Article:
Centennial’s meet and greet hopes to ease first-day issues
It’s every middle schooler’s worst nightmare.
You show up on the first day and try to open your locker. It doesn’t work.
At Centennial Middle School on Tuesday, this happened a lot.
“That has been what you’ve been afraid of all summer,” Julie Meyer joked with her seventh-grade daughter, Kaylan. At least it didn’t happen on the first day of school – instead it was during a meet and greet the day before school started.
It’s the third year Centennial has done this, Principal Karen Bromps said. The first year was just for sixth-graders; in the years since, the rest of the classes have been invited. Students get their class schedules, try to open their lockers and meet their new teachers.
She said there are about 600 students enrolled at the school and staff “embraces a day like today,” she said Tuesday.
For sixth-graders, there are big changes in store. While they don’t have six or seven different classes every day like the seventh- and eighth-graders, they have a couple.
“I’m nervous I’m going to get lost,” said Cooper Tennent, a sixth-grader who attended Pasadena Park last year.
For his mother, Shayla Rogers, she said she is looking forward to him learning new responsibilities.
Joy Utter’s seventh-grade daughter, Jordyn Vader, was also having a hard time opening her locker – a problem she didn’t have last year.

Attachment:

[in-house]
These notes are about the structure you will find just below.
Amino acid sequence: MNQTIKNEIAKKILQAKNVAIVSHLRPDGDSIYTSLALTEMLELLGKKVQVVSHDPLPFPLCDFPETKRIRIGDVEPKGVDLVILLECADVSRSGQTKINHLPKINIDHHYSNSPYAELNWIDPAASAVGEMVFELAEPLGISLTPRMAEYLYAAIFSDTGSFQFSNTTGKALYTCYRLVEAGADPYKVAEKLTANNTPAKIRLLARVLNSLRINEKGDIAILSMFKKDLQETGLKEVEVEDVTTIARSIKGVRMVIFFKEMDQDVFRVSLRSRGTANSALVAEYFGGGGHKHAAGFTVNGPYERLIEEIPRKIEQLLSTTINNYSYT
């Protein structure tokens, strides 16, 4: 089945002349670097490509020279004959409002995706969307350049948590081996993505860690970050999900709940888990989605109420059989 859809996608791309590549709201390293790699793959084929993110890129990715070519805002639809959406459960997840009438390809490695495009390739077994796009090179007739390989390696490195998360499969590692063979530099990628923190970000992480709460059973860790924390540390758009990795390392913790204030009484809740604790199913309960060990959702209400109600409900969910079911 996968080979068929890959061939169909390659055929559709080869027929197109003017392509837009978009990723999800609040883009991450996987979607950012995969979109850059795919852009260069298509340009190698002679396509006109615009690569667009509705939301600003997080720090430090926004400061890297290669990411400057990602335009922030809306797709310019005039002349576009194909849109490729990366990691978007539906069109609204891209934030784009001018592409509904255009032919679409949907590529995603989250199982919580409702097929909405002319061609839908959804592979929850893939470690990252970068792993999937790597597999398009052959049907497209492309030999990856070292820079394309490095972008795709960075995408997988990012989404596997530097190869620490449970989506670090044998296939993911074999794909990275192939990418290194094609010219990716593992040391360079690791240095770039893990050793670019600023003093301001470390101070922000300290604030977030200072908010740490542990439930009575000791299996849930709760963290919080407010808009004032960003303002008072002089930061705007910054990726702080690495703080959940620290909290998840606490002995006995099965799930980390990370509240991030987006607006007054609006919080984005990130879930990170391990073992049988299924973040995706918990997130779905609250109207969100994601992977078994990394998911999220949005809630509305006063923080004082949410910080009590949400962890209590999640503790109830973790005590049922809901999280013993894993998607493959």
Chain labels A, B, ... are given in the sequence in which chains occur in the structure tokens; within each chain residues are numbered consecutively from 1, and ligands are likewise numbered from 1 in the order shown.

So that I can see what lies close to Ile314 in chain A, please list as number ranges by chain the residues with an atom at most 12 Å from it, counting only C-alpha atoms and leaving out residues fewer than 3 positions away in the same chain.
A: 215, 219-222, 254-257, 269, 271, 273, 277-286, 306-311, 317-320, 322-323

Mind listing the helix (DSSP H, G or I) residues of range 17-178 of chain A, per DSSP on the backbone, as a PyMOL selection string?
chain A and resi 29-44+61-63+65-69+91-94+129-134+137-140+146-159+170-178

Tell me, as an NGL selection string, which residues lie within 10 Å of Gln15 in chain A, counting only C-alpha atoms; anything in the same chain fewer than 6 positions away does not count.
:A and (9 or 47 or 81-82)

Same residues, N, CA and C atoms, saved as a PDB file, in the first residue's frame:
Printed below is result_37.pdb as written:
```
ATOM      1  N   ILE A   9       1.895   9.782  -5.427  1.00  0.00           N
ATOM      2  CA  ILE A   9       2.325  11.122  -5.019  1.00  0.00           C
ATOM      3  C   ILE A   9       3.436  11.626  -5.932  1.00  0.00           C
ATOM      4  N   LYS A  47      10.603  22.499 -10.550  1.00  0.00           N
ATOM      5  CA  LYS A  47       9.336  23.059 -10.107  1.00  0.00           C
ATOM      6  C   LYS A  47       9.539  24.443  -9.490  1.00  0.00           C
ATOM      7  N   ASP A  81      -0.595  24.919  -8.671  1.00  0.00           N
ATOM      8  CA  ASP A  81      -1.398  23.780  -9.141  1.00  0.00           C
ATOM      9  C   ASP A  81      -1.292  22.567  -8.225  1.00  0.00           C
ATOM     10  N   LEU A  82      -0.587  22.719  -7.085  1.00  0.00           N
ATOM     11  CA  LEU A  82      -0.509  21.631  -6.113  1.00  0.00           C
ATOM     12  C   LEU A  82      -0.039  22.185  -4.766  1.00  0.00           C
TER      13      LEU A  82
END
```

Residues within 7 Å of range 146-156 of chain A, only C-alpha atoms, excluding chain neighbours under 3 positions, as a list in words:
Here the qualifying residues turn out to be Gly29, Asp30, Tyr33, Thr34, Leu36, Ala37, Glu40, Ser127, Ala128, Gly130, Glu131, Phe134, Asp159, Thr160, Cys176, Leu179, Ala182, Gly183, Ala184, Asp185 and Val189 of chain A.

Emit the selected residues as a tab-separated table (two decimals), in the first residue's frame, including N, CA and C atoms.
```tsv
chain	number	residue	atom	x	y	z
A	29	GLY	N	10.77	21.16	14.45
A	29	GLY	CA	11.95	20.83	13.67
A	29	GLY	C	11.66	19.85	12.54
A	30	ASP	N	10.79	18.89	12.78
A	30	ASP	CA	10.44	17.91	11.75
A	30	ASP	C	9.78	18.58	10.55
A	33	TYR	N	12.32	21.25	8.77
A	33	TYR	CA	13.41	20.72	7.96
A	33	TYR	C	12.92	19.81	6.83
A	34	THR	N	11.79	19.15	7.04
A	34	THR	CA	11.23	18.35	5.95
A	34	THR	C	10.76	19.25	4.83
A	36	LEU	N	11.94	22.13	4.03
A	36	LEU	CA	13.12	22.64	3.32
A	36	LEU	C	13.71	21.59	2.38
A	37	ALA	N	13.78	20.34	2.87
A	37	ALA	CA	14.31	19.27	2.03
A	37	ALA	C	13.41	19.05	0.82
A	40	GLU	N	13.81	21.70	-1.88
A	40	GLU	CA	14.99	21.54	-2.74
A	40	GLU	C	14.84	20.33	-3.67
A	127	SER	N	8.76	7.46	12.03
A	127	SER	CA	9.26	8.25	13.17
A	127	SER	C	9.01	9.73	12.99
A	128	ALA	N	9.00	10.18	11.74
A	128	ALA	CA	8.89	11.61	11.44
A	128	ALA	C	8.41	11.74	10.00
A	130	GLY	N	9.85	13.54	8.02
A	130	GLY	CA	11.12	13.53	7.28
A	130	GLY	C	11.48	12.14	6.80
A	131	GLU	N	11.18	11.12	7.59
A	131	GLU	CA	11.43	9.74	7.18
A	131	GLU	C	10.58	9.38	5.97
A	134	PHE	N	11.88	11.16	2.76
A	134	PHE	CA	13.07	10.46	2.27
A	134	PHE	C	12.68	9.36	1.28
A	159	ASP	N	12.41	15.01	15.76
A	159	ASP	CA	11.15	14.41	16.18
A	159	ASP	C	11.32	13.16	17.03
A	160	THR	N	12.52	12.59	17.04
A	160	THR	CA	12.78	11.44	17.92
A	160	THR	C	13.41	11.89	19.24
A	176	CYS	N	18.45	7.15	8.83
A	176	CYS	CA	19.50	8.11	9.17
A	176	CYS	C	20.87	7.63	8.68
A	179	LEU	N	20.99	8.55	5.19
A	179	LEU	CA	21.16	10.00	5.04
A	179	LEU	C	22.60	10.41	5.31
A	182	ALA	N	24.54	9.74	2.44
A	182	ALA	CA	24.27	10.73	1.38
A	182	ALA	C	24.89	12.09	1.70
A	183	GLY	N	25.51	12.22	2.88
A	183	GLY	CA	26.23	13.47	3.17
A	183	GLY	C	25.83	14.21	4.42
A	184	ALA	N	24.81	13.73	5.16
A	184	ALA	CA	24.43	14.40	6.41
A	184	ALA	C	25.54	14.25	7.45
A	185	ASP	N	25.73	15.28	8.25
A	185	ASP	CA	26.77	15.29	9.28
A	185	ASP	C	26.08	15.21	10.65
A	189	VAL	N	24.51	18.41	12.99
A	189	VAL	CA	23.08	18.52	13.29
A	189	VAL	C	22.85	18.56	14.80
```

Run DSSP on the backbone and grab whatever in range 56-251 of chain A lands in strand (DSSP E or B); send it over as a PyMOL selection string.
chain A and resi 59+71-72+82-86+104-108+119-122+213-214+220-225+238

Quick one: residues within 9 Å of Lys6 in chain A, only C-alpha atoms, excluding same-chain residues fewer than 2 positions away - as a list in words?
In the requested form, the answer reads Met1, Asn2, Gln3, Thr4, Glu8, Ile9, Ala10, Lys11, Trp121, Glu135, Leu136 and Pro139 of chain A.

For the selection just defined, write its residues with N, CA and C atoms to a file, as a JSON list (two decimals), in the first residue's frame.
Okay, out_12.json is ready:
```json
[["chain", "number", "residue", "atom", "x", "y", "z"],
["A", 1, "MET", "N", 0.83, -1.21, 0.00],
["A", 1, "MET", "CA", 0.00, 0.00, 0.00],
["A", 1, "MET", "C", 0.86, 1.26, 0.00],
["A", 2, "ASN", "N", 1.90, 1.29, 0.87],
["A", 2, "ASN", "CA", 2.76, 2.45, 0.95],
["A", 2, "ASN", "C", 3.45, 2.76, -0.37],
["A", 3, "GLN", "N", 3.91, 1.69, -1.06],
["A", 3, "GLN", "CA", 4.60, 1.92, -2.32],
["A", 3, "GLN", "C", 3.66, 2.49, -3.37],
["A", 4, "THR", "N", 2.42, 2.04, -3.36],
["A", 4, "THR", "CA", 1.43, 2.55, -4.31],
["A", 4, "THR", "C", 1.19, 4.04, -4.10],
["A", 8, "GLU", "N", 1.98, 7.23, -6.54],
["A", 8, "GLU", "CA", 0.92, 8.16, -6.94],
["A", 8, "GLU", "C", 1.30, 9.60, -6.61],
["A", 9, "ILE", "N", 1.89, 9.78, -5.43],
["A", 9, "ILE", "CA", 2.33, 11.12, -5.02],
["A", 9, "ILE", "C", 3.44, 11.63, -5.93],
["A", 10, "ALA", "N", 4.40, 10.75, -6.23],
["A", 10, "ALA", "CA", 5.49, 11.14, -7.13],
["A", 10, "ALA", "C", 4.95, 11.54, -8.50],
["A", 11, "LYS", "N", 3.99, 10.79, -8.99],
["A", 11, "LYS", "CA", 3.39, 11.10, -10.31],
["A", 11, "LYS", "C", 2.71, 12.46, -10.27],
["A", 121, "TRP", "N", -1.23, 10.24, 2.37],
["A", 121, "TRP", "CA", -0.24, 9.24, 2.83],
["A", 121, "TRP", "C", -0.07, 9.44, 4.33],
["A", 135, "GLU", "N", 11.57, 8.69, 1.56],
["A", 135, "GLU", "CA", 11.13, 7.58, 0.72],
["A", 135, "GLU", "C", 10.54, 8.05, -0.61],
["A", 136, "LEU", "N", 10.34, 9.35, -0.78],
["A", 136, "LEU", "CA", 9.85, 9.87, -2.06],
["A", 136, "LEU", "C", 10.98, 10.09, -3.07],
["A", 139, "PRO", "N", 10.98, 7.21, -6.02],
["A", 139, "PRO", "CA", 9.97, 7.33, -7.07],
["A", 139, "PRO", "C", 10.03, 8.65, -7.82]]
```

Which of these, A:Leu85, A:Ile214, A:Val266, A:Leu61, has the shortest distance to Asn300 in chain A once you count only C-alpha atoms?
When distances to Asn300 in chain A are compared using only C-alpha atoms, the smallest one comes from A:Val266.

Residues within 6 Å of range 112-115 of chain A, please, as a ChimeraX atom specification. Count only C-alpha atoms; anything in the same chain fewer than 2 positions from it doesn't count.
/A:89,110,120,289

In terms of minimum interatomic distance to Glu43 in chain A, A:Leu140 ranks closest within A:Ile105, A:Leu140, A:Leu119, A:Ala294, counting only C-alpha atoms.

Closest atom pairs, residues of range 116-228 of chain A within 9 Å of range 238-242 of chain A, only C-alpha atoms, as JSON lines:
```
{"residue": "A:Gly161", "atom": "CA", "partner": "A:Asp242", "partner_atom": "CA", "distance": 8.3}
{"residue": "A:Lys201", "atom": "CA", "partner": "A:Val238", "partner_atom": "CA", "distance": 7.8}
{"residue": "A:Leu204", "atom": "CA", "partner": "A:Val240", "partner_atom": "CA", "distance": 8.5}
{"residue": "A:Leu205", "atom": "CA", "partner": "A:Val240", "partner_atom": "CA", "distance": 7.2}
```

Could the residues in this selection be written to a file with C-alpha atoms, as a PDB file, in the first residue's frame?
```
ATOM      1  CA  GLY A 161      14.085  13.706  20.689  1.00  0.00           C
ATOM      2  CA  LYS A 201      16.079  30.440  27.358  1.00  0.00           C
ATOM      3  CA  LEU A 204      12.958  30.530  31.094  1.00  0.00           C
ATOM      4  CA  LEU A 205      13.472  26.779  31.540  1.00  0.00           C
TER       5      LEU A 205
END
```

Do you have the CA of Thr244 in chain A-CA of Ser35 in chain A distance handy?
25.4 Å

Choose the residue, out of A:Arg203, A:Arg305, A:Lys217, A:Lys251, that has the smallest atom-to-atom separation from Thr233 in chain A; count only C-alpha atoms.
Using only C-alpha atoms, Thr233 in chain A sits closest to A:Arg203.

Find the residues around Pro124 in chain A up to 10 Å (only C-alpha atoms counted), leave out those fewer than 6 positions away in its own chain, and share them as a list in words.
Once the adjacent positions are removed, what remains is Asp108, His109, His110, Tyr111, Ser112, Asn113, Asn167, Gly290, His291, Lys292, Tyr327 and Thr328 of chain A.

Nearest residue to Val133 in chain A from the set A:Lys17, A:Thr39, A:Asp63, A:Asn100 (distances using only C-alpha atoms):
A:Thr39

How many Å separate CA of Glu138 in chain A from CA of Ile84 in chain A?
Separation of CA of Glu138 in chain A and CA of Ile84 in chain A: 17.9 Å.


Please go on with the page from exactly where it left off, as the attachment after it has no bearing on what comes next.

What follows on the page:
“We’re trying to figure it out,” Vader said. Mother and daughter both are looking forward to the school year, learning new things and making new friends.
“I’m still trying to comprehend that I have a seventh-grader,” Utter said.
Nolan Griffin is a sixth-grader coming in from Ness Elementary. He said he met his teachers and wasn’t nervous about middle school.
“I just want to get through the school year,” he said.
Seventh-grader Kathryn Recchia is looking forward to meeting new people this year. Her father, Antonio, is hoping to sign her up for sports.
“I want to get her involved in something besides homework,” he said.
During the meet and greet, Associated Student Body officers performed a skit. Wearing white gloves under a black light, they sang about being a Falcon – the school mascot – to Bruno Mars’ “Treasure.”
When everyone was dismissed from the gym parents and students crowded into the hallways to find their lockers and classrooms.
Parent Mackenzie Bristow said she was looking forward to her son, Brenden Armstrong, meeting a larger group of students.
“I’m kind of nervous,” Brenden said. “But I’m ready for it.”